ENGINEERS: LOCAL FLOOD FUNDING MUST PROTECT INFRASTRUCTURE AS WELL AS HOMES

Posted: Thursday 9th June 2011

The proposed new approach to funding local flood schemes whereby grants are largely allocated according to the number of households protected must be extended to ensure critical infrastructure assets are not left vulnerable, a report published by the Institution of Civil Engineers (ICE) recently has said.

In the report, Flood Risk Management: A Local Issue of National Importance, the leading engineering body stresses that while flooding is largely a localised issue it can have significant national consequences, particularly the impact on interdependent economic infrastructure that underpin local and national economies such as power, transport, waste and water supplies. The 2007 summer floods cost the UK £3.2 bn with an additional £660m in damage to critical infrastructure and key services.

In the proposed shift to a ‘payment for outcomes’ approach projects would be allocated varying levels of central funding largely according to the number of households protected. Supplementary funding, either from local levies, third party beneficiaries or private finance, would need to be found to plug any shortfall between the central grant and the upfront cost of the project.

ICE says that while this is a positive step towards finding alternative sources of funding for flood risk management solutions - crucial in the face of significant public funding cuts - it warns that too much focus on households could undermine the protection and resilience of local, regional and even national infrastructure, which may be located outside of the residential area. While reference is made to ‘ resilience of public infrastructure’ in Government’s proposed principles for the new approach it is not clear exactly what falls into this category and it is not a determining factor for how funding is allocated.

It calls for Government to extend the formula to reward the full range of current and future outcomes that a project can provide for the community including the benefits to vital regional and national economic infrastructure. This would help build resilience for power stations, roads, bridges and waste plants outside the residential area but vital for the local and, in the case of major disruption, the national, economy.

The report also raises concerns that projects may be scaled back if supplementary funding cannot be easily sourced. A more holistic approach would also serve to make projects more attractive to a wider group of beneficiaries and possible investors, for example infrastructure asset owners.

Chair of the report Dick Thomas said “Flooding is a local issue that can have major repercussions for the national economy, particularly the impact on critical infrastructure assets that underpin economic activity and, due to their interdependent nature, can quickly cause widespread disruption beyond the local area. The new funding approach could be a very powerful tool for changing the way we fund local projects but it is crucial that the formula is carefully designed to encourage private investment and protect our critical infrastructure.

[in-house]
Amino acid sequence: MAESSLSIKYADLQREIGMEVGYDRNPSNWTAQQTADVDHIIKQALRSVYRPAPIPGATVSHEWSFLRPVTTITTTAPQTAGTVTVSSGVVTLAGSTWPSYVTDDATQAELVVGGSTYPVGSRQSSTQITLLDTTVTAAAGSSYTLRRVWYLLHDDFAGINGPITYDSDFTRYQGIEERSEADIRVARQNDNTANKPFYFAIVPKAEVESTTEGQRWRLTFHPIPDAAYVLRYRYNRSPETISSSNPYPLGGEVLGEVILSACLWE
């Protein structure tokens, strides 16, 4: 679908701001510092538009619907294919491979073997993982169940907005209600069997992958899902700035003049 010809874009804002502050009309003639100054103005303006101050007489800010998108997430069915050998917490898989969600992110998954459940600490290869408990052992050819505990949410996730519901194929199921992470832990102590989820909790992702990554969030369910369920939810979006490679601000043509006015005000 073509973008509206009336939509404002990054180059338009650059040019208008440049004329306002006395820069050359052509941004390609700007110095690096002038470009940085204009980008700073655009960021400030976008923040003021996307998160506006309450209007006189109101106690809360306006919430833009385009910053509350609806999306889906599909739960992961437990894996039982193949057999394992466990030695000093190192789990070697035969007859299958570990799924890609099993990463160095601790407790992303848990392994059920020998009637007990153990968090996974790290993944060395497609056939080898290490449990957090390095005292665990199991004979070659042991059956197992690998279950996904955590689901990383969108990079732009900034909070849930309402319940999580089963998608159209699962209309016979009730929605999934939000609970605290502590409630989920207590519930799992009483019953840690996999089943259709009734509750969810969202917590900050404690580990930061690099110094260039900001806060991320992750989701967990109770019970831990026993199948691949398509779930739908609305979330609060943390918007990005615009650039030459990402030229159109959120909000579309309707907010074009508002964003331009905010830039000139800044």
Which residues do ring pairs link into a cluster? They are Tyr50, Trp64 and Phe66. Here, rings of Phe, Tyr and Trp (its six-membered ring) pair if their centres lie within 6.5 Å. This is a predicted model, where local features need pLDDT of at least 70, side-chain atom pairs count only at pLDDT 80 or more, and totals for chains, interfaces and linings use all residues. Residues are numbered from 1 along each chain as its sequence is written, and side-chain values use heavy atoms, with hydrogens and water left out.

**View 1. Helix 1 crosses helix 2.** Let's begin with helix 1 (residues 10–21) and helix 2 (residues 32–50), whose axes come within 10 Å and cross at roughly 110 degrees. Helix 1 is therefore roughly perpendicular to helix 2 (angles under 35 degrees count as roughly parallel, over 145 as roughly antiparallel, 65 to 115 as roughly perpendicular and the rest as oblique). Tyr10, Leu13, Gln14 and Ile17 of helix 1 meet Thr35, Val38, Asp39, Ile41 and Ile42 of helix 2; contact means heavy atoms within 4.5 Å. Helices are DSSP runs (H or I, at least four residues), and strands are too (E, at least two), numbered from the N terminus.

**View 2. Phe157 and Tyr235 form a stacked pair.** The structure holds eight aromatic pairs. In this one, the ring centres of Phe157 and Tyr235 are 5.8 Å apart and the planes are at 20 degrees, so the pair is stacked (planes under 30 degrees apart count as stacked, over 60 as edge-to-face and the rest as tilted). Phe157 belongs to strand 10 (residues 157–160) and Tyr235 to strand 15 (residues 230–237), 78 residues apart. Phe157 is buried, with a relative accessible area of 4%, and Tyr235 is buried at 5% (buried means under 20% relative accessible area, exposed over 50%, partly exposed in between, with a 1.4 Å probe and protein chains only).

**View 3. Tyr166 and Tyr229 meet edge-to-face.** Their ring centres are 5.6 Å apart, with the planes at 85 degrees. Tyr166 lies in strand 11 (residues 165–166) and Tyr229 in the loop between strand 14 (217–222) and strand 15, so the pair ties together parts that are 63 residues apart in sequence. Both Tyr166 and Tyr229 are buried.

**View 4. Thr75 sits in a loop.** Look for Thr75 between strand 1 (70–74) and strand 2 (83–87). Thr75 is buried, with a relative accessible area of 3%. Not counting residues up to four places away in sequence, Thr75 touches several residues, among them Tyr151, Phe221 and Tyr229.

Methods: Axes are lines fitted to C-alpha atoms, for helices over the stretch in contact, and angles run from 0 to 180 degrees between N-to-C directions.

”This should also reinforce the shift away from the unsustainable ‘defend at all costs’ approach,” he added.

The report also highlighted concerns about how the ‘duty to cooperate’, which places an obligation on local flood risk management authorities to cooperate and act consistently within the framework of local and national flood risk strategies, can be effectively implemented across the various risk authorities.

This unprecedented collaboration will be especially important in ensuring that the right expertise is available in the newly formed Lead Local Flood Authorities (LLFA) to effectively plan and implement flood schemes. In a two-tier authority, county councils might be designated as the LLFA and receive central government funding, however the skilled individuals may reside in the district or borough councils.

Sharing existing skills within and across local authority boundaries will therefore be crucial and ICE recommends that local authorities that already possess a significant wealth of expertise are designated as ‘centres of excellence’, to service authorities across a wider geographical area. This approach would help local authorities newly responsible for flood and costal erosion risk projects to know what skills are available and where, thus avoiding unnecessary duplication across regions.

Thomas continued: “Water does not obey administrative boundaries, so this new approach will require an unprecedented culture of cooperation within and across local authority limits. It will be imperative that they consider how their flood risk management may impact on other regions and focus on strategies that exploit opportunities to create lasting partnerships, share data and skills, and harness private investment.This will require support and guidance from Defra and the Environment Agency to be successful.”




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